“I started sharing my pain with everyone,” is what one of my teenage clients said to me recently. What an interesting way to say this. Her words hung in the air.
They are simple and poetic. Significant.
Her words gave me a new context for what it means to “act out.”
When the pain inside became too much for her to bear, she started sharing it with others as a way of saying, “I’m here, and I need someone to care. I can’t handle this on my own.” She had a rough childhood, and she started doing all of the harmful things one can imagine a teenage girl doing to herself, including stealing and harming others.
Adults do this as well – share their pain. The person who abuses their spouse, the dad who can’t stop yelling at his children, the woman who drinks excessively and physically abuses.
We all have these moments of sharing our pain, everyone one of us. Our prisons are filled with people who were sharing a pain too great to hold in.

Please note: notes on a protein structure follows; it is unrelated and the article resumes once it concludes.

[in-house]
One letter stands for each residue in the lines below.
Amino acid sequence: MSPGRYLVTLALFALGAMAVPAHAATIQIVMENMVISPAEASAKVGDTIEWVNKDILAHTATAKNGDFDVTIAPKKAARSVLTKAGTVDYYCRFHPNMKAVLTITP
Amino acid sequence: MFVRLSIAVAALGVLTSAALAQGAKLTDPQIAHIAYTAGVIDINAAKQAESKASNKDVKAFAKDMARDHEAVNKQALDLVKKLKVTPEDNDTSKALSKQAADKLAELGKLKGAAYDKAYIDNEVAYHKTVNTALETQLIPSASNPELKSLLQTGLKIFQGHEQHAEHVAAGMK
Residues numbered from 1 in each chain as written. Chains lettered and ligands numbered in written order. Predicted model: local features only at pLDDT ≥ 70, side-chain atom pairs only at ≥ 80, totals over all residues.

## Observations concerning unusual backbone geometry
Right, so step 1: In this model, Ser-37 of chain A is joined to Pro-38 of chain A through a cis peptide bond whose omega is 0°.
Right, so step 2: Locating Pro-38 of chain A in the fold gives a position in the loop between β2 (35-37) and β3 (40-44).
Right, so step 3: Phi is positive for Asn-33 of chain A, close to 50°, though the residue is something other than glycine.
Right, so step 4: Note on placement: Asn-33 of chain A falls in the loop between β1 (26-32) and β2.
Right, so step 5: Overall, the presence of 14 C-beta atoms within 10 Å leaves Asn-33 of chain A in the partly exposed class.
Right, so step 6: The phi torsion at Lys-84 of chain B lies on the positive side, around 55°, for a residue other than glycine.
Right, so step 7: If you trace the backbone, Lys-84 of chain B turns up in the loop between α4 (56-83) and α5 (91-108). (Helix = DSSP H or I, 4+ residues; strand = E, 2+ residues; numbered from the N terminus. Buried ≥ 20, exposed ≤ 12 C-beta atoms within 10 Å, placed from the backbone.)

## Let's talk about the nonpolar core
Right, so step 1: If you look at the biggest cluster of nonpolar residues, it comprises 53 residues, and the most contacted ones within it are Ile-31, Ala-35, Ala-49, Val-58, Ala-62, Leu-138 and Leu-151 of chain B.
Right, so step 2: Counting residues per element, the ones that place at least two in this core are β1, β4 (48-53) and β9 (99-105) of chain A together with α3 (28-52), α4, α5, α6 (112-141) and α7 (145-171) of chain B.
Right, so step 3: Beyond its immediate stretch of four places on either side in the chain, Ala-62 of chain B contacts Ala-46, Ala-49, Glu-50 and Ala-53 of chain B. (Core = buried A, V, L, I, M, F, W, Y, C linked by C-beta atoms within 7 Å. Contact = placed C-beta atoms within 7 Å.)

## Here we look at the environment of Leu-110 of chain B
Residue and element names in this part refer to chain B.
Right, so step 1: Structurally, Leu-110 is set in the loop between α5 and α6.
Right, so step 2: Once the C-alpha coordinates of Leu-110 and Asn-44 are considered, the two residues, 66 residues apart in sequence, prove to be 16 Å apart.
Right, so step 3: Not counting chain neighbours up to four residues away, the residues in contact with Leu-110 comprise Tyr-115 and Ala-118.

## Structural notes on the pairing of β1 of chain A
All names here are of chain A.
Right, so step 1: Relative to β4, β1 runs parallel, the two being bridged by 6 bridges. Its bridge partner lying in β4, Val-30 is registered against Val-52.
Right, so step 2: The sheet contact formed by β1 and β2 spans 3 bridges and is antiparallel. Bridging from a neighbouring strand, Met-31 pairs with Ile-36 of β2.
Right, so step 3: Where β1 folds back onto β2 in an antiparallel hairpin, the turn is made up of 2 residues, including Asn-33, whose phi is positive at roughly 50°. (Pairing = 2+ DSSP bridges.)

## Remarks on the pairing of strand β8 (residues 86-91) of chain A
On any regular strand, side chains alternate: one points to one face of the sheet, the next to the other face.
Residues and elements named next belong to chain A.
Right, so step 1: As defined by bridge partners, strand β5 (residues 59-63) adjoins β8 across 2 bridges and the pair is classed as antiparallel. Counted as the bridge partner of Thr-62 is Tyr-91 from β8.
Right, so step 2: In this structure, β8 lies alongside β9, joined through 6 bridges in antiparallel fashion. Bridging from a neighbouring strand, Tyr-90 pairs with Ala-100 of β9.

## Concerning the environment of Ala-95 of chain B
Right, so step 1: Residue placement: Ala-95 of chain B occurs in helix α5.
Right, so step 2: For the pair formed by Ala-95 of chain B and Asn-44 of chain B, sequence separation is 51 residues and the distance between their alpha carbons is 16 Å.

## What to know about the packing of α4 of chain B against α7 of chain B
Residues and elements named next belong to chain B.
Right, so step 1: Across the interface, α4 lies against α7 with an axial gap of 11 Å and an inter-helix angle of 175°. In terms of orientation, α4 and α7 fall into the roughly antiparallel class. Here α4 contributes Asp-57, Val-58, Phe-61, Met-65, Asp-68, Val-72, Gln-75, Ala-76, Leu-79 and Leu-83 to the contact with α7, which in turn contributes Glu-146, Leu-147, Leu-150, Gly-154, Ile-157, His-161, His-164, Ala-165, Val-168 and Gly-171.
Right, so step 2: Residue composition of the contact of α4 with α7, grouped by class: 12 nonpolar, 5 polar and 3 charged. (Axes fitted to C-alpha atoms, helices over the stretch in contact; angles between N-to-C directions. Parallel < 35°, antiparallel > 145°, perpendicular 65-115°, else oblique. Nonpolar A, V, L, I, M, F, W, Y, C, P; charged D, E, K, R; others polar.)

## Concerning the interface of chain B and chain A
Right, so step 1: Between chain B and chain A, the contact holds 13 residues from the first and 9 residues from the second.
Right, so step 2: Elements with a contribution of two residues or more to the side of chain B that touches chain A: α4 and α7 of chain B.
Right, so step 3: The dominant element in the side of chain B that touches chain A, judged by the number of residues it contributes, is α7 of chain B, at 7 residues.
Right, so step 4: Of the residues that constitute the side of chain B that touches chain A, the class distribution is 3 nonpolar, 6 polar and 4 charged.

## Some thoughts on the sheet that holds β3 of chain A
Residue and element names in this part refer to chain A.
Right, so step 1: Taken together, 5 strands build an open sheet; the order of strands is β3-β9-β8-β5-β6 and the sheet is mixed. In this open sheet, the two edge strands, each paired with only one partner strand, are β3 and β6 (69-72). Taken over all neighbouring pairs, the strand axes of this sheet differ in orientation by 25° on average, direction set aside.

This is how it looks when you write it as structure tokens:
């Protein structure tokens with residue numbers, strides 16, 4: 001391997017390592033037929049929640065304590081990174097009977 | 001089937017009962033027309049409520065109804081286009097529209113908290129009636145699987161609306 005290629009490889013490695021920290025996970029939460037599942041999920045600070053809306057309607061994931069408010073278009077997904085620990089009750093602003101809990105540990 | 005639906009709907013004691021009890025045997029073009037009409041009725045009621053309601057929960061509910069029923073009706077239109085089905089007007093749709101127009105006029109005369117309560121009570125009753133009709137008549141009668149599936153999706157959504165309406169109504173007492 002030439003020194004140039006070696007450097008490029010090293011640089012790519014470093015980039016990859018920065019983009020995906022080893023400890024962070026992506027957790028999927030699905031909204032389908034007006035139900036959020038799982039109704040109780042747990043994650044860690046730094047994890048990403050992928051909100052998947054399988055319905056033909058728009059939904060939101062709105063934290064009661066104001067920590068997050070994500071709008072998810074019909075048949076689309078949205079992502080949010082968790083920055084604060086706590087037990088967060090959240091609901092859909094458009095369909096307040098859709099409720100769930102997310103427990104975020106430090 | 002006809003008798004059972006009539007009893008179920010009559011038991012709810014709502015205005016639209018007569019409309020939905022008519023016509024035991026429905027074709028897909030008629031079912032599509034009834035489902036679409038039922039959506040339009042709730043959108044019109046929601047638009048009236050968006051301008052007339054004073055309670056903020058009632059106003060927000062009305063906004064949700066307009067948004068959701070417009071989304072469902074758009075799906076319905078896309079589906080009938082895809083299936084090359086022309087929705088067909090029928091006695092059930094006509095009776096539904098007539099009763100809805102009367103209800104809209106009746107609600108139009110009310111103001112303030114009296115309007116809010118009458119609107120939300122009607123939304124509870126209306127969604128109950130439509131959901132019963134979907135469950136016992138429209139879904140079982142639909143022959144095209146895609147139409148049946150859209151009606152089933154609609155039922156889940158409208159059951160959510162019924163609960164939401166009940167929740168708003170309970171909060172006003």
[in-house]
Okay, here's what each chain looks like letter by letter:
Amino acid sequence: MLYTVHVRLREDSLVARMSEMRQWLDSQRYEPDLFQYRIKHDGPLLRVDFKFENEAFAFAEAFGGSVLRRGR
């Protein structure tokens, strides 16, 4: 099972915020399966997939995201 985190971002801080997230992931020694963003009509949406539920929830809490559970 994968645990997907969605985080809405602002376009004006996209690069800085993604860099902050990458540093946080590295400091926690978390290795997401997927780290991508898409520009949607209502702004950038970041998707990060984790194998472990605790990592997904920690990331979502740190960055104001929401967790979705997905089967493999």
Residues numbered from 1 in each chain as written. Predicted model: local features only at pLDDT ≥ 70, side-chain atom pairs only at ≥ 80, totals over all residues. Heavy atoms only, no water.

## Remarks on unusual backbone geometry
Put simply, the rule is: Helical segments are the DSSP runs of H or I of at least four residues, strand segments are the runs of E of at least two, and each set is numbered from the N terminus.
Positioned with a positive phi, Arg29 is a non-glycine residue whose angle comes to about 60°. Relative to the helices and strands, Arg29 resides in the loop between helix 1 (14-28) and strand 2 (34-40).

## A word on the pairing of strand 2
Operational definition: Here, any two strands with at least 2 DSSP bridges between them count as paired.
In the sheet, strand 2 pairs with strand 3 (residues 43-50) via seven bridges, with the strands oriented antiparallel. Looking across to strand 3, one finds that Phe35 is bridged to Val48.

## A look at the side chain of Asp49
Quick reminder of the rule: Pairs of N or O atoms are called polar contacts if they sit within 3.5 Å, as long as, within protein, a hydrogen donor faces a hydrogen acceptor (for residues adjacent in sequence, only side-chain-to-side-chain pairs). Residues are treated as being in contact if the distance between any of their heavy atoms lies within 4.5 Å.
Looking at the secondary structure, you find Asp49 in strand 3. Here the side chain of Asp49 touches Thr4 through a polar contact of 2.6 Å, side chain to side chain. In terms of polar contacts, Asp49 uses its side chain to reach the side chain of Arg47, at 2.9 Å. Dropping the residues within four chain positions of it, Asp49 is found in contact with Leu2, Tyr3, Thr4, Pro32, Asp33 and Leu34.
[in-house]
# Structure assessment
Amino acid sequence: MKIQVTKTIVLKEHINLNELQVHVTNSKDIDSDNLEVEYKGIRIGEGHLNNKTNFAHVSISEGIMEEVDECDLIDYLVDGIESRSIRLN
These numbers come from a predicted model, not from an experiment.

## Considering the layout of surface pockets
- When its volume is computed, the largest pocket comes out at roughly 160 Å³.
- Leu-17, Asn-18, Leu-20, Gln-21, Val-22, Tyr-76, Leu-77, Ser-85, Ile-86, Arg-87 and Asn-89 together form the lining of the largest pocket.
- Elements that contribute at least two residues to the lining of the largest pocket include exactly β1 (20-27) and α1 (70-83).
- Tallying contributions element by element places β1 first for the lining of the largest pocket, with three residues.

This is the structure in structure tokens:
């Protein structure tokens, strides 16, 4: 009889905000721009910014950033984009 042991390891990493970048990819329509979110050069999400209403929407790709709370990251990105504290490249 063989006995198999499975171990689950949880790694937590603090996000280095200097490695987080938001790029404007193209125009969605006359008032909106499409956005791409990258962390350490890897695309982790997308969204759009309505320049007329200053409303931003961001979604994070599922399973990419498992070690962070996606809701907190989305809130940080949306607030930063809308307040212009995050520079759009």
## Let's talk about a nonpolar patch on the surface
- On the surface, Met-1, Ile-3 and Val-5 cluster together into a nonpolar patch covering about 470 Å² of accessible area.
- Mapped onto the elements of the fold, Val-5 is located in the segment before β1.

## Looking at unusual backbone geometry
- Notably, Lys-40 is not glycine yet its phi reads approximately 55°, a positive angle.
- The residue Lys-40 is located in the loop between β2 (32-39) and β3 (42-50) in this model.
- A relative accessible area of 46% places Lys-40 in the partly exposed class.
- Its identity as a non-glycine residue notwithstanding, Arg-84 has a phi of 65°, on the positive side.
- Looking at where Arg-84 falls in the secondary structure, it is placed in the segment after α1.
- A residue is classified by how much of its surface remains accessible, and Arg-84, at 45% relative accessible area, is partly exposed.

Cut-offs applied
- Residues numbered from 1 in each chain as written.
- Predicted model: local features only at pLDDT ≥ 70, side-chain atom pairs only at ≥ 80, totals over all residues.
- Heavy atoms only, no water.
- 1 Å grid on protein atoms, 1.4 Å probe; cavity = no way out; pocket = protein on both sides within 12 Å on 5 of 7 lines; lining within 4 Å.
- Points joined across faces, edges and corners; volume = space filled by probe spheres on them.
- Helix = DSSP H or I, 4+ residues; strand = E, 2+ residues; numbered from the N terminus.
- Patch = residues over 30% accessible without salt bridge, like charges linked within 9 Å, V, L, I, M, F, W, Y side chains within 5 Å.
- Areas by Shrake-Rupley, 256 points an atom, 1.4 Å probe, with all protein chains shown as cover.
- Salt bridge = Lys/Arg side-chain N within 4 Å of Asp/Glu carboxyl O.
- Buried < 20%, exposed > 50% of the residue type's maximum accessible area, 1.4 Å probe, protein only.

Is there anyone you can think of in your life that has been sharing their pain with you? Is there anyone in your life that you’ve been unconsciously sharing your pain with? Ask yourself if there’s anything that you can do or want to do about this to help. There may not be . . . and there may be.
I’m reminded of this tale that I read a long time ago. I don’t know if it’s true, but I like the essence of it. The piece that sticks out to me: “If at any time during his or her life, the person commits a crime or aberrant social act, the individual is called to the center of the village and the people in the community form a circle around them. Then they sing their song to them. The tribe recognizes that the correction for antisocial behaviour is not punishment; it is love and the remembrance of identity.”
This teenager in front of me had forgotten who she was. That she had a well of good inside. After years of being given someone else’s misbeliefs and someone else’s pain, her real identity was buried.
What if we took the time to listen, care for, and show kindness to the people in front of us who share their pain instead of shame them, punish them, or incarcerate them? Might we be able to remind them of their goodness and their deep capacity for love?
Not easy, but worth a try.